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THE FUTURE FOR CHILDREN WITH SPECIAL NEEDS: FOUR UNIQUE PERSPECTIVES

     Home  >  Articles  > Support & Inspiration: Special Needs
by NYMetroParents Staff March 21, 2014

Related: special needs, future, kids with disabilities, future perspective,


A young girl with autism, a sibling to two brothers on the spectrum, and two parents of children with disabilities share their unique perspectives on what the future will be like for their loves ones with special needs.

 

Letter To The World: A Child's Pronouncement

By Emma Zurcher-Long

I want to tell you that I am capable. Daring massively, eager to prove my intelligence, I will work tirelessly so that autistic children younger than me won’t be doubted the way I am.

Pleading to the world, I ask that those who are not able to restrain their doubts, at least not mute voices like mine.

Deciding stupidity bolsters egos while crushing lives with angry words disguised as kindness.

They say hope is cruel for the hopeless, but maybe they are the cruel ones.

Emma Zurcher-Long is 12 years old. She recently wrote, “My mind talks heavy thoughts, but my mouth talks silliness.” Emma writes by pointing to letters on a letter board and wishes people would “listen to my writing voice, but they listen to my talking voice instead.” Emma, who lives with her family in New York City, says her written words reflect what she intends to say better than when she attempts to speak. Emma’s Hope Book is the blog her mom, Ariane Zurcher, began many years ago reflecting what she thought was true; it is now where Emma publishes her short stories, insights, and opinions, particularly about autism. Emma’s writing has changed everything her parents once believed and were told.

 

 

 

On Getting Out of the Driveway

By Ellen Seidman

warhol type picture of drivingMax likes to sit in our car while it’s parked in the driveway and make like he’s driving. He grips the steering wheel, bounces up and down as if he’s on a bumpy road, and pretends to honk the horn. Dave or I hang outside, drink a cup of coffee and check email, occasionally noting “Watch out for that truck!” or “Hey, let’s go to the drive-in movie!” or “Don’t go too fast or the police will catch you!” (which cracks up Max every time).

It makes me wonder whether Max will be able to drive when he grows up.

I usually try not to let my brain fast-forward into the future, given that it’s not something I can control. Focusing on the here-and-now reality of Max is the best way to live life; as I learned when he was little, will-he-be-able-do-that musing causes a lot of anxiety. But the driving daydream is innocuous enough to indulge in, given that it’s not a major life necessity. My mom never did learn to drive, and it’s never been an issue. Some of my friends might say I never really learned to drive either, though I do.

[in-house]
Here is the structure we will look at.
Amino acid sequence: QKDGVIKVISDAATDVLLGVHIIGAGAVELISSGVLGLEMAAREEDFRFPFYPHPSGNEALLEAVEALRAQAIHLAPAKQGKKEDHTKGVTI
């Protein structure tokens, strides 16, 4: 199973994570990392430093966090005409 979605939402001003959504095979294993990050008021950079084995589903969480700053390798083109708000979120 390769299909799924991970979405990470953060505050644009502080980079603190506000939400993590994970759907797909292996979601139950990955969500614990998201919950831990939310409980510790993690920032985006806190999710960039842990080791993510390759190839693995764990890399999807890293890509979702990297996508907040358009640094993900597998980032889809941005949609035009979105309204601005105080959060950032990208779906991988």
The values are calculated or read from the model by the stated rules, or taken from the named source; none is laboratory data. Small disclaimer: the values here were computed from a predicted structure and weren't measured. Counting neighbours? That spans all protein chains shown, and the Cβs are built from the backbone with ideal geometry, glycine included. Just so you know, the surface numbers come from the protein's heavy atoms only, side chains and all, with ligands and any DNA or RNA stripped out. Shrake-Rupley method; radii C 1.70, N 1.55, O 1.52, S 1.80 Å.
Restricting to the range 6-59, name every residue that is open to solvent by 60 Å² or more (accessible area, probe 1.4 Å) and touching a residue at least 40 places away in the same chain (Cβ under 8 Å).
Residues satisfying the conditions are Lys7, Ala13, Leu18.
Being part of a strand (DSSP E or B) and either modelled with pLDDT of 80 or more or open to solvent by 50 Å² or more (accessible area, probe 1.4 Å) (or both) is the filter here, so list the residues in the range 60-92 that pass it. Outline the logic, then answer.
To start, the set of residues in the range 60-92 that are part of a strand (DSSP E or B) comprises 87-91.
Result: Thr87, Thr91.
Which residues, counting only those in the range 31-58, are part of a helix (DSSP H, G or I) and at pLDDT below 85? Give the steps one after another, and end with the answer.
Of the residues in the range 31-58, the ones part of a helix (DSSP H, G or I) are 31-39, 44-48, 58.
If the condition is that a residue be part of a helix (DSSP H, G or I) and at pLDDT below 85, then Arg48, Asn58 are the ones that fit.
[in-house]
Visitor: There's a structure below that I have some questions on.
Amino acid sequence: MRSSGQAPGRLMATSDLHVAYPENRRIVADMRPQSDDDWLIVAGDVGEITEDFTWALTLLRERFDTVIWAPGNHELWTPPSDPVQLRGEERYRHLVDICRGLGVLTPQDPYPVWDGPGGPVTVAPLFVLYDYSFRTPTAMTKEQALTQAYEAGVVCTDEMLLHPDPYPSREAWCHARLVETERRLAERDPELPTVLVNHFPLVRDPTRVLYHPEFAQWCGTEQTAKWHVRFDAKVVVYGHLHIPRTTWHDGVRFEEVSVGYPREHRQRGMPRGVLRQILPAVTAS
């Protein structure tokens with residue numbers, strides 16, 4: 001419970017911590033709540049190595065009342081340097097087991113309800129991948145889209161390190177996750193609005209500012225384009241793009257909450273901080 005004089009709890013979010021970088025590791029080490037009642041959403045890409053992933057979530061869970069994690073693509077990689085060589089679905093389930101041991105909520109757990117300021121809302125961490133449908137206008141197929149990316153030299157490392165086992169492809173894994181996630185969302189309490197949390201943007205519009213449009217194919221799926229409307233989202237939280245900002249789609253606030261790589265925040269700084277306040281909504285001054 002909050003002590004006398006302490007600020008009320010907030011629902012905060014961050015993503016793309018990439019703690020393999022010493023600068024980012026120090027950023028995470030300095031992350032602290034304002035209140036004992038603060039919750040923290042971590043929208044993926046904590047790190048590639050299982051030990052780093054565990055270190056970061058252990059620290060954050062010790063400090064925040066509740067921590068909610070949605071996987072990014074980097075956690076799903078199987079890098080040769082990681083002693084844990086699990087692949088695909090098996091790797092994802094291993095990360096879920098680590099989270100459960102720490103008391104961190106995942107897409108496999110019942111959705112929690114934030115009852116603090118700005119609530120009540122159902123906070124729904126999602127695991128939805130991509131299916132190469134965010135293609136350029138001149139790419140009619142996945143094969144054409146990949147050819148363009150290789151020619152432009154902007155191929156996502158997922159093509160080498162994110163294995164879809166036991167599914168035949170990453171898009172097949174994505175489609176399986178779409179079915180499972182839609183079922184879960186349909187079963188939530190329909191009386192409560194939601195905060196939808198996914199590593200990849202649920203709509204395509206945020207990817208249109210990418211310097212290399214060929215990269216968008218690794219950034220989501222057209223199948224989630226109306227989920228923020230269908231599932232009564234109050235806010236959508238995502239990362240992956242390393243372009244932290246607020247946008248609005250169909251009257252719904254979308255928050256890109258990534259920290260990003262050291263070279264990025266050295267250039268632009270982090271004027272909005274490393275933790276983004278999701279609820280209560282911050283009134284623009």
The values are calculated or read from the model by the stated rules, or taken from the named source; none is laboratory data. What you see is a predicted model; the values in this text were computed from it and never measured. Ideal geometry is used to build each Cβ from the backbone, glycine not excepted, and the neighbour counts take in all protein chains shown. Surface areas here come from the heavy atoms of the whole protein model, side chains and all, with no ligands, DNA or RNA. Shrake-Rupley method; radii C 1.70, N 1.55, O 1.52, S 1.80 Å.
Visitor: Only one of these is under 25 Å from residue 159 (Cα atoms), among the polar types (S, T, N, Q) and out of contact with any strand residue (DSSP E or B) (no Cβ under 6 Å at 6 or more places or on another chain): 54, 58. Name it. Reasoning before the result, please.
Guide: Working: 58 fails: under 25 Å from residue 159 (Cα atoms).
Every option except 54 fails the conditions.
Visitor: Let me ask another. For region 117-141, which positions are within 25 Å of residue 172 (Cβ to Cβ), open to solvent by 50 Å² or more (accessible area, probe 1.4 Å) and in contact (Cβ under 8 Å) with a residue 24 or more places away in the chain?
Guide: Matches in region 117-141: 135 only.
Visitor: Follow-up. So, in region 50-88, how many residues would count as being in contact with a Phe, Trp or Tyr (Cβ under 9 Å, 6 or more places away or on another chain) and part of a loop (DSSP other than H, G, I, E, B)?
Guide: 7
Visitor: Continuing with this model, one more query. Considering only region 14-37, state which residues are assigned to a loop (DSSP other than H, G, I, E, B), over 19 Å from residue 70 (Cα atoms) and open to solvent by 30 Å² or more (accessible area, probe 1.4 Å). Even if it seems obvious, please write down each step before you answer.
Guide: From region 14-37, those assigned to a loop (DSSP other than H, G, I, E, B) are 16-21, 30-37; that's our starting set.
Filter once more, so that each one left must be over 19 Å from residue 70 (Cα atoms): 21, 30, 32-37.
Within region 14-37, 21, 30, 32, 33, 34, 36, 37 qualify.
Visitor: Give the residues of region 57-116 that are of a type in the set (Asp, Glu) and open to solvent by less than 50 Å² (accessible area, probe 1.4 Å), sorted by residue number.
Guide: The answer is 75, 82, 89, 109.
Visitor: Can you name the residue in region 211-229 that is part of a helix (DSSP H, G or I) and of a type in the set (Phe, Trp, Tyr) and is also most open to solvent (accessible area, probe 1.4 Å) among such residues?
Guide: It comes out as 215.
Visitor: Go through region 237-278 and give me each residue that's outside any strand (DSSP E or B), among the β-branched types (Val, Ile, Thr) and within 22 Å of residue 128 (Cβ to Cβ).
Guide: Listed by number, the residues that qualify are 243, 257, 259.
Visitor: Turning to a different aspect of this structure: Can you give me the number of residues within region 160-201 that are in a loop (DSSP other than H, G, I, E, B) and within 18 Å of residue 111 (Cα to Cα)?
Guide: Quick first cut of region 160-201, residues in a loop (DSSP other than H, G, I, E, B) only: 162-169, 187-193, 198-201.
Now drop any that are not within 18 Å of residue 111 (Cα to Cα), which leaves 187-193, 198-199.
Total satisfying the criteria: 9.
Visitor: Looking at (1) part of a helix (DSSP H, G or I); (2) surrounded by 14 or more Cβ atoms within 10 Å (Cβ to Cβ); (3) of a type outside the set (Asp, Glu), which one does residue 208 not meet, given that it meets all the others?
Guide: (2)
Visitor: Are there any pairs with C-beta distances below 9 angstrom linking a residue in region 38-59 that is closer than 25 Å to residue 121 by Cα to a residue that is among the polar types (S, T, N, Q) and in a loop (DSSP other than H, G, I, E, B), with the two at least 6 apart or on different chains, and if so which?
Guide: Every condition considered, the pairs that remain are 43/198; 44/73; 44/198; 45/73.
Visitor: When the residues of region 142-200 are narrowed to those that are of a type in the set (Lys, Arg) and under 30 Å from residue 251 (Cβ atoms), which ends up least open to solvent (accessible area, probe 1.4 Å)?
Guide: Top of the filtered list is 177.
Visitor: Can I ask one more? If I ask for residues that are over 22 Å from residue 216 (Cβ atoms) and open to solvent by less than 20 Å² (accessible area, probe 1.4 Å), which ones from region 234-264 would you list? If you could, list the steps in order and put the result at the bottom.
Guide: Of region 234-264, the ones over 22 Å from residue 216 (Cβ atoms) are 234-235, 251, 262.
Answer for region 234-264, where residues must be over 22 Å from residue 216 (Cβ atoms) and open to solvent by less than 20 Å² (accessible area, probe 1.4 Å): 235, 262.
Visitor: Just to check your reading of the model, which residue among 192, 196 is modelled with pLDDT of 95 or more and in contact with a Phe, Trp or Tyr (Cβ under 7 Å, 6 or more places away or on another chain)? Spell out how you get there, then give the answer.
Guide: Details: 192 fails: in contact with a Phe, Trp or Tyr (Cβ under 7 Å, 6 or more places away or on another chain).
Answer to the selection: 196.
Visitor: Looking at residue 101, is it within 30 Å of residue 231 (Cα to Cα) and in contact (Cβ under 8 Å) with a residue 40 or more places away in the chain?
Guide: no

First I Google “adaptive driving specialist” because it’s always comforting to know about experts out there. Seems like there are “driver rehabilitation specialists” who train people in adaptive driving and outfit cars with special equipment. So, Max can someday add “driving therapy” to his already impressive list of therapies. Wonder if insurance will reimburse for that? Bwaaaaa-ha-ha-ha-ha!!!

Then I Google “driving with cerebral palsy” and get sucked into comments in some forums. Some people with mild CP drive, but many with the more involved kind don’t. I picture Max pedaling his tricycle up and down our street and how much his control has improved over the years; this spring, he rode bumper cars alone for the first time. Then I ponder the intricacies of driving and wonder how he’d handle them with his fine-motor challenges. And how could he take the written test? Would they let him use his iPad? (This is what happens when my mind gets going.) Then I think about how years ago Max wasn’t capable of any steering at all, and I wonder just how much his skills will improve in the years to come.

I find a YouTube video of a beautiful girl with right side hemiplegia who has adaptations in her car that enable her to drive using her left hand and left foot.

Max’s CP affects both sides, but his left side is the stronger one so this gives me hope. It also occurs to me that if nothing else, maybe he could find some cute chick to drive him around.

And then, DOH!, I search for “driverless car,” the one Google founder Sergey Brin tools around in. It’s an adaptive Toyota Prius that has laser-guided mapping, radars in the front and rear to determine positions of distant objects, a camera mounted near the rear-view mirror to detect traffic lights and moving obstacles like pedestrians and bicyclists, and other auto-features. The cars will hit California streets by 2015 and data shows they are smoother, safer drivers than people.

Technology will be the answer for Max, I suspect, as the iPad and Proloquo2Go speech app have been for his communication. Although having a babe drive him around would be a fine option, too.

The above is reprinted by permission of Ellen Seidman, a mother of two including 11-year-old Max, who has cerebral palsy, from her award-winning, inspiring blog Love That Max, where she writes about dreams, small accomplishments, special needs news, and all manner of struggles and joys relating to being Max’s parent, advocate, and champion.

 

 

 

On Brothers, Hope, and Striving

By Matthew D. Corsino

Being the older brother of two siblings on the autism spectrum has never been an easy journey, but walking down this road with my brothers has given me the will to carry on no matter the odds.